Constant fever, uneasiness and distress by spells; the parts are very tender to the touch.
A great deal of crying, while tongue, vomiting diarrhoea, cough.
Child cannot bear a downward motion; even when asleep it suddenly awakes by the downward motion to put it in its little bed; very nervous; least noise causes it to awaken, and then it cries all the time and does not thrive; brown, watery diarrhoea.
In children of leucophlegmatic temperament, with large open fontanelles, much perspiration about the head; the child cries much. It may have two or three ruptures, yet in such cases Calcarea alone will effect a cure in a few weeks or months.
Constant diarrhoea, the child is fretful and wants to be carried about.
Child does not thrive and never sleeps quietly, is always in motion even in its most quiet sleep, which is never long at a time; when awake it always cries and is very cross, refusing everything offered; it is continually crying and worrying.
Congenital hernia of right side (Nux v., left side). Child cries all and sleeps all night; red sand in the urine, screaming when urinating; rattling and commotion in the abdomen; colic and crying.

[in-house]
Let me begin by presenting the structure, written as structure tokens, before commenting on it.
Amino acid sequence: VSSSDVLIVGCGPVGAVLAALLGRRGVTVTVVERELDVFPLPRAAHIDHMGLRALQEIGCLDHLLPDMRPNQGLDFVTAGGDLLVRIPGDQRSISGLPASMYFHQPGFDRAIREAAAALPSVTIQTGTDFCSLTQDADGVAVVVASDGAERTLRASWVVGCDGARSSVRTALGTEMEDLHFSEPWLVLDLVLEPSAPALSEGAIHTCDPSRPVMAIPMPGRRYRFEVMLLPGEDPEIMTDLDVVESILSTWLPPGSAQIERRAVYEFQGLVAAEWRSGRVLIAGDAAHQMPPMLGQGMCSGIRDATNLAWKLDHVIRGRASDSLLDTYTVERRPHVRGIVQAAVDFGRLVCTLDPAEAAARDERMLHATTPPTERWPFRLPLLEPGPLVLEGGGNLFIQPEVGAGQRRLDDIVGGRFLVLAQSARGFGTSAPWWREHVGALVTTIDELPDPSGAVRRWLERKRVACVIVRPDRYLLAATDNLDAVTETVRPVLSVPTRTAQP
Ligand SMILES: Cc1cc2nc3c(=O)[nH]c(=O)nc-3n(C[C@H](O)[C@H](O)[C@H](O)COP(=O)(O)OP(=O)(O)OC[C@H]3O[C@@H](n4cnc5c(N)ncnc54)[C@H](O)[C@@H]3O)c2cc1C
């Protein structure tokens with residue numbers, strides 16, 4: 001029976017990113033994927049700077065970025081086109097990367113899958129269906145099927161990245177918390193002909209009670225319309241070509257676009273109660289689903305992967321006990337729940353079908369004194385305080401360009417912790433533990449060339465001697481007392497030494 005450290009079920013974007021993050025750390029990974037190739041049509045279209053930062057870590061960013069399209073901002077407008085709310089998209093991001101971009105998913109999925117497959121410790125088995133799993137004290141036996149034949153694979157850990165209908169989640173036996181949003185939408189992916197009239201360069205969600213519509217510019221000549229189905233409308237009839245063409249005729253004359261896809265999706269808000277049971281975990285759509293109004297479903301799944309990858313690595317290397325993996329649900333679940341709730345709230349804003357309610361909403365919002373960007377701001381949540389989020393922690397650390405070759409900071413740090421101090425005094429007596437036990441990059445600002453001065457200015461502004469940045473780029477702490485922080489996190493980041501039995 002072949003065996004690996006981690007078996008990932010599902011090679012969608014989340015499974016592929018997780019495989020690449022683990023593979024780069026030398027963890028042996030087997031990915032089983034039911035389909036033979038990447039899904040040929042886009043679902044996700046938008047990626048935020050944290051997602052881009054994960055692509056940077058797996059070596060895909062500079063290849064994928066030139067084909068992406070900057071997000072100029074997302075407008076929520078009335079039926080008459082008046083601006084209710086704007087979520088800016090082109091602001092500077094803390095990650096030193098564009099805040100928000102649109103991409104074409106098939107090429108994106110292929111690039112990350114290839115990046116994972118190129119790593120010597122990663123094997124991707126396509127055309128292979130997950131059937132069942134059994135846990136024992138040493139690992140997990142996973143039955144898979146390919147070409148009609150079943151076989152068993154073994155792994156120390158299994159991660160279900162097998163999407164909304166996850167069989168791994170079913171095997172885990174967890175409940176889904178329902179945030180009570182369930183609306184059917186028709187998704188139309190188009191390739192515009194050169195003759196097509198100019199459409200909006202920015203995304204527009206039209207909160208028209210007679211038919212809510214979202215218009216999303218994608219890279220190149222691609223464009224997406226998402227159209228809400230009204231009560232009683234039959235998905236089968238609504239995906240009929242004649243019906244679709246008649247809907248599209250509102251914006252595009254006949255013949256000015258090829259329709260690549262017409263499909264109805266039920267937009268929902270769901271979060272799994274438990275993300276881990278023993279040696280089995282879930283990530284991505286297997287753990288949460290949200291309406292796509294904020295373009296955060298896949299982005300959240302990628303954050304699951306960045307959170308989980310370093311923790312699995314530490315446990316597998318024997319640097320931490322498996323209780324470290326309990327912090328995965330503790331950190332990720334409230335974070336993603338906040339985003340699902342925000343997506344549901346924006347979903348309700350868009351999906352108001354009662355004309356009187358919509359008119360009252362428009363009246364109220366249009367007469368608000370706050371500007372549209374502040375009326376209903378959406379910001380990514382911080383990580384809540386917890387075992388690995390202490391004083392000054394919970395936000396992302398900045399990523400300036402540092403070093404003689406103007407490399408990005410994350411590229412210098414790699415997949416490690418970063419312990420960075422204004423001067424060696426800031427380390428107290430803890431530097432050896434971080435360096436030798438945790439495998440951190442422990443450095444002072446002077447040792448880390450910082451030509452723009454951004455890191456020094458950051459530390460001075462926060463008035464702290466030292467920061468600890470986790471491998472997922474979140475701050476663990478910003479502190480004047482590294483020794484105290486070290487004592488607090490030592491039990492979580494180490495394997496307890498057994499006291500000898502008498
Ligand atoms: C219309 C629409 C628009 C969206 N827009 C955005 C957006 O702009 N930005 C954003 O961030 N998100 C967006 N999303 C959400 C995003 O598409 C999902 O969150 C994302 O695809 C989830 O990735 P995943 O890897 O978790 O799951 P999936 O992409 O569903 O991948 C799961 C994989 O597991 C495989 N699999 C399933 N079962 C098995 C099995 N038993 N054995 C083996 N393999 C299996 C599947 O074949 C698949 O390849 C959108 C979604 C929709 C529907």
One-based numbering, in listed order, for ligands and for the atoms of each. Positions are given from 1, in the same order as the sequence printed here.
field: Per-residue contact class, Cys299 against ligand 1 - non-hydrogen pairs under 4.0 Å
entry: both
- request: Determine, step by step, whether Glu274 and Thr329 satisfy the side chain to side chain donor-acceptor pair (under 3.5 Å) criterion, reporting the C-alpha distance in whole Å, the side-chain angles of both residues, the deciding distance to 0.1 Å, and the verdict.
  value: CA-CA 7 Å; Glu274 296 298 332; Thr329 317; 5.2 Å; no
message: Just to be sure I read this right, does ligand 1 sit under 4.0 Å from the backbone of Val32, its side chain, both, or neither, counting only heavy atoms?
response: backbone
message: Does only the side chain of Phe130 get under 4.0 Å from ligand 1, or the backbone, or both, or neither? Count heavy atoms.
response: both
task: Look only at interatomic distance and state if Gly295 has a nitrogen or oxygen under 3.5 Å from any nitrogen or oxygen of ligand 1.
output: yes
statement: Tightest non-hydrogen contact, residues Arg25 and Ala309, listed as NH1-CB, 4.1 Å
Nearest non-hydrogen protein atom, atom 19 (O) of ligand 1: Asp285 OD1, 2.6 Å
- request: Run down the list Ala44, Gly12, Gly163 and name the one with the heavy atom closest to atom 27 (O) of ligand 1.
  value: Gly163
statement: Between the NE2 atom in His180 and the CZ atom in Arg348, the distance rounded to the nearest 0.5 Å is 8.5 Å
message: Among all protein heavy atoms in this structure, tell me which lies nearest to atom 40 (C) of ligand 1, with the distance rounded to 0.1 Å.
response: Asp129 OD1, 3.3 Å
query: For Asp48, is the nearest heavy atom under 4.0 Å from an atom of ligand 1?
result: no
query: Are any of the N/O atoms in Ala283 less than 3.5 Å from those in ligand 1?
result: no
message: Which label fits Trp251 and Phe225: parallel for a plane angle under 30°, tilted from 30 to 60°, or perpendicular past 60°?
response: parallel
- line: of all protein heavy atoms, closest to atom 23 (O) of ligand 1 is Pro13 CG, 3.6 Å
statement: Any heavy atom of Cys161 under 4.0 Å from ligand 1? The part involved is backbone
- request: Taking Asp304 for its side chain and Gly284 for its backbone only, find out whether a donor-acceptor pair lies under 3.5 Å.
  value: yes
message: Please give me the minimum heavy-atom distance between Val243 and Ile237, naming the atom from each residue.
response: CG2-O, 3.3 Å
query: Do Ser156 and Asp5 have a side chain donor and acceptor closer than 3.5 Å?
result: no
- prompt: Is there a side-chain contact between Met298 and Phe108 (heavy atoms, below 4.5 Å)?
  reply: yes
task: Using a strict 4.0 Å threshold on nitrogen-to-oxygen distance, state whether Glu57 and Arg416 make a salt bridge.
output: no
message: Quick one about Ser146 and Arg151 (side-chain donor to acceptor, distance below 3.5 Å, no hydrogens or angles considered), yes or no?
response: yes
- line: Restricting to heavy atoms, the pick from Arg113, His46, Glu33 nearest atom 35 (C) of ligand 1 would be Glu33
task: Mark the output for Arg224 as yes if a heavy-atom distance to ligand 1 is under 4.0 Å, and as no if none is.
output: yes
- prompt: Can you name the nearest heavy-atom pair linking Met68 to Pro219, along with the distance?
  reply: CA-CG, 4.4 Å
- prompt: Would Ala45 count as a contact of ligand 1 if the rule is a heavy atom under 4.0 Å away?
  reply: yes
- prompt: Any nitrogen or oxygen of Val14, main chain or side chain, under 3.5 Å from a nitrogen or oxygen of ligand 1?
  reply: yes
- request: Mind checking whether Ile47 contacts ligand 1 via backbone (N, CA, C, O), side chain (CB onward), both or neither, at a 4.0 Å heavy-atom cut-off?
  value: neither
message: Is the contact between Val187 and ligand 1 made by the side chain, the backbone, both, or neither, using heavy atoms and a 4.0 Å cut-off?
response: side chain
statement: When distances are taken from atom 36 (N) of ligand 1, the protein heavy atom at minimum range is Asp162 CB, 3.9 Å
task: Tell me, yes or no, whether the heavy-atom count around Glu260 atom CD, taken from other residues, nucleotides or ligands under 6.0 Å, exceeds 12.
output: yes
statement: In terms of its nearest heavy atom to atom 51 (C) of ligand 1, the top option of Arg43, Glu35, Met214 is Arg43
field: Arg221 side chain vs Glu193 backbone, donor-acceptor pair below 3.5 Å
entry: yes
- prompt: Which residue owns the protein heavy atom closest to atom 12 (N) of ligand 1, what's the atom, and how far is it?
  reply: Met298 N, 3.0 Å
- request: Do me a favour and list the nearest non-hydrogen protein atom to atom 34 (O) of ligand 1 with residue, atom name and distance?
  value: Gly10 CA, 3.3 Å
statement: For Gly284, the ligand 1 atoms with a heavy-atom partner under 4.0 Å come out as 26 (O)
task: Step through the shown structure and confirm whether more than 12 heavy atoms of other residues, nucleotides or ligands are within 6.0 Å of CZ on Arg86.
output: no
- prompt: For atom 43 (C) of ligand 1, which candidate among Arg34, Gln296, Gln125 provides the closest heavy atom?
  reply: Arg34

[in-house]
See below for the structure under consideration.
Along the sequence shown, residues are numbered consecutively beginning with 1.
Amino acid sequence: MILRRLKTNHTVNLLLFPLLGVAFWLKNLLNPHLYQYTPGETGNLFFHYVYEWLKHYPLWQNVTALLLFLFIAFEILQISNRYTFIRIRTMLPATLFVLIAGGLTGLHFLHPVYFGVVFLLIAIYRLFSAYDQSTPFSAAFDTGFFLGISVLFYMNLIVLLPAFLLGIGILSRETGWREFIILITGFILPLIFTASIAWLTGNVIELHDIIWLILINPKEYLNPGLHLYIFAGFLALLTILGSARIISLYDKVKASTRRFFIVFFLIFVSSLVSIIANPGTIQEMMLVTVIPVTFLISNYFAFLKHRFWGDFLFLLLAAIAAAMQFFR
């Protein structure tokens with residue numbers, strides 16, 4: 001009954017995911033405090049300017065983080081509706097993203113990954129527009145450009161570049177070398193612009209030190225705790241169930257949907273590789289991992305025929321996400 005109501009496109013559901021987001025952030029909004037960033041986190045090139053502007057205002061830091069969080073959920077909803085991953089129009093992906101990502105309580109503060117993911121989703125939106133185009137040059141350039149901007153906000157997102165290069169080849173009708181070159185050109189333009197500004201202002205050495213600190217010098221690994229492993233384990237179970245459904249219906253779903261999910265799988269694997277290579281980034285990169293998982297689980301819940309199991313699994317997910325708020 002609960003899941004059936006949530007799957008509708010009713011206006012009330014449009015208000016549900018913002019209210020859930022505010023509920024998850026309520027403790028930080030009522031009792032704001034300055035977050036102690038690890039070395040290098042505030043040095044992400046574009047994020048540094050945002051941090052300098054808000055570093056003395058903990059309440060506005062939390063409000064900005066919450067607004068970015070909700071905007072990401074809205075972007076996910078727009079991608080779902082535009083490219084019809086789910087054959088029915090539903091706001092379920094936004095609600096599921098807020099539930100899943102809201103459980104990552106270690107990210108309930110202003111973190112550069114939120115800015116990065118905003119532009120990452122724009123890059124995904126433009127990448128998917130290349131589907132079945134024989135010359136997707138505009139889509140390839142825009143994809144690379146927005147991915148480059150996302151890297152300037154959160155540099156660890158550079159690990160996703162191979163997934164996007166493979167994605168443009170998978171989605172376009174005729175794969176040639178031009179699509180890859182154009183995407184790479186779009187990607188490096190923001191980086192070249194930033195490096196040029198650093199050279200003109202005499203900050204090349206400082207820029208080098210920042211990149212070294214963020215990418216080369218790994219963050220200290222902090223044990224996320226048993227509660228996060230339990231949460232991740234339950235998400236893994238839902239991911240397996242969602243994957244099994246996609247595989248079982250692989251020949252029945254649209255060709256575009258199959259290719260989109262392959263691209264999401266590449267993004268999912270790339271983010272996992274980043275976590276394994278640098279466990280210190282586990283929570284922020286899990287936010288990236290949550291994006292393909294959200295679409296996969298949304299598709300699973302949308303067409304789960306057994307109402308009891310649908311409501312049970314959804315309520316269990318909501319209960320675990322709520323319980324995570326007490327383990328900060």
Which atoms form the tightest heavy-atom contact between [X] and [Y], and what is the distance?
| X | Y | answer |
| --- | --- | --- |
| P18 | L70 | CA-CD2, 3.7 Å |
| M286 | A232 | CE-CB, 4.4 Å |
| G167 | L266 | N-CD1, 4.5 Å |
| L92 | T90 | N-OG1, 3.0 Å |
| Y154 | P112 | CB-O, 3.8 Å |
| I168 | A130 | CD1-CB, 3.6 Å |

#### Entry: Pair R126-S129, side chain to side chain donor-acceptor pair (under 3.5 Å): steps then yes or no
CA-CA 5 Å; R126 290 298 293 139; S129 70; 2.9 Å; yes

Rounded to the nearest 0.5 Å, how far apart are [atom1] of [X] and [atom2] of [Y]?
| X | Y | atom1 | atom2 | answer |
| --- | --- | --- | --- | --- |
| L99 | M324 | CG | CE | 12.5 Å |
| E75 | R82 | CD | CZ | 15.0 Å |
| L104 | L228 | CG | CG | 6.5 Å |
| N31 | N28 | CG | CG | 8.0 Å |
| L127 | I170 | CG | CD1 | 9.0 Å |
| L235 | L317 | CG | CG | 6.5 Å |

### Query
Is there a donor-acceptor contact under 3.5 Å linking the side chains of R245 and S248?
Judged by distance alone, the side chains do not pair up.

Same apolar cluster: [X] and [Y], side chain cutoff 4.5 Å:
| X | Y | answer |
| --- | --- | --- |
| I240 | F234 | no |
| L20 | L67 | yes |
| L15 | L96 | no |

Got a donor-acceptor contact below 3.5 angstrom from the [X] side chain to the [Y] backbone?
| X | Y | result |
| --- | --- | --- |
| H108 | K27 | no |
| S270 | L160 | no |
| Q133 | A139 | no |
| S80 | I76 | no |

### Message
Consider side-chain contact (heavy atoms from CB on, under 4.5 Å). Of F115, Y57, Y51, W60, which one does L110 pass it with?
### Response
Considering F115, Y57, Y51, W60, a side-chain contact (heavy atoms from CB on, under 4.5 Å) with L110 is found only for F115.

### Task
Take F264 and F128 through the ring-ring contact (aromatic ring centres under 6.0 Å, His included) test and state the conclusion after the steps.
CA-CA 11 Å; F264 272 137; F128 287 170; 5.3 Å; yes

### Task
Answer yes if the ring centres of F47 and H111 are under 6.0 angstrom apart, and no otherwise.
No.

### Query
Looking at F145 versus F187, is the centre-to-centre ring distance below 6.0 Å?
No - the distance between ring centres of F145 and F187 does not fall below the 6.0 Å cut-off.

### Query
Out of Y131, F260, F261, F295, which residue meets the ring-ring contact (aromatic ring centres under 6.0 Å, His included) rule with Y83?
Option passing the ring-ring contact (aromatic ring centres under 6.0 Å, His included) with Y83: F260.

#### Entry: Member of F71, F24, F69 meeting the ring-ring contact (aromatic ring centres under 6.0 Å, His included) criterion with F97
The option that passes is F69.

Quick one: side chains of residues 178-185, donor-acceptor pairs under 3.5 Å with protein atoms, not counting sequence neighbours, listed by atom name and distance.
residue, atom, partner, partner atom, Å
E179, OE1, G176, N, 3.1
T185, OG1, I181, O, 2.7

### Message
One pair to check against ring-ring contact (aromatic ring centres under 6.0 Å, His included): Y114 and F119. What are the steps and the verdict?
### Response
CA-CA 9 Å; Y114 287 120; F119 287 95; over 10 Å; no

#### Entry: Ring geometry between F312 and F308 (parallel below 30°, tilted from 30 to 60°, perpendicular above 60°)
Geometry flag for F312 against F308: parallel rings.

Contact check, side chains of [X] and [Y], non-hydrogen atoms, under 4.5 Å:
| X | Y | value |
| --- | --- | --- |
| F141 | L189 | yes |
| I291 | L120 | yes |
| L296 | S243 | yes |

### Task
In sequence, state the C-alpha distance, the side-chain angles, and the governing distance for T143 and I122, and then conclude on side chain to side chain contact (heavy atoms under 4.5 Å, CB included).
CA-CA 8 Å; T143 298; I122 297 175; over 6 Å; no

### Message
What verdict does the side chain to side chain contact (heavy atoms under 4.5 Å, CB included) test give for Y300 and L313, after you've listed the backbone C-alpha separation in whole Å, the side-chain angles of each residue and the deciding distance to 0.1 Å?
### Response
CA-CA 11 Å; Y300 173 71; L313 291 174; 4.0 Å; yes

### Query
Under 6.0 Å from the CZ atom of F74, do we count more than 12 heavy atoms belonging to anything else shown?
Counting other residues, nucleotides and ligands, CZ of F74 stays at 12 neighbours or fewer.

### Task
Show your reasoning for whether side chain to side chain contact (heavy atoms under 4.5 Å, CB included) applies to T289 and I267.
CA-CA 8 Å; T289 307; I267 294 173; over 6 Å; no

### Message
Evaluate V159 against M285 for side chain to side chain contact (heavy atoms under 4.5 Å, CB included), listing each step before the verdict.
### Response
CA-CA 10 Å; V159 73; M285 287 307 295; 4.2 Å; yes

Infantile hernia, child thin, emaciated, sickly, with eruptions on face; desire for salt.
Large hernial tumor, often left inguinal, perhaps in the scrotum; crying spells, during which the feet are alternately drawn up and then stretched out again; colicky spells after midnight or in the morning; bowels rather costive, the stools being large, difficult and seldom, or small, frequent and painful; the child does not sleep well, has no appetite; if already walking about, the tumor looks blue.
Redness of the face; abdomen hard and distended; the child is soporous.
Inguinal hernia, reaching down to the testicles; stinging sharp pains in inguinal glands.
The child is very tender to the touch around the hernial tumor, which is painful, and it feels easier it recedes; vomits up milk profusely after nursing; it dreads to be moved; frequent colicky pains relieved by the discharge of very offensive flatus.
The child is relieved by pressure of the knee, shoulder, of hand upon the abdomen.
Hernia of infants with profound prostration; great disposition of the hernia to come down; (>) when quiet, (<) from coughing or breathing.
Scurfy skin which is easily abraded; sleeps only in short naps.
Babies cry much when umbilicus protrudes; infantile hernia on left side, only quiet when thigh is flexed on abdomen to relieve pressure.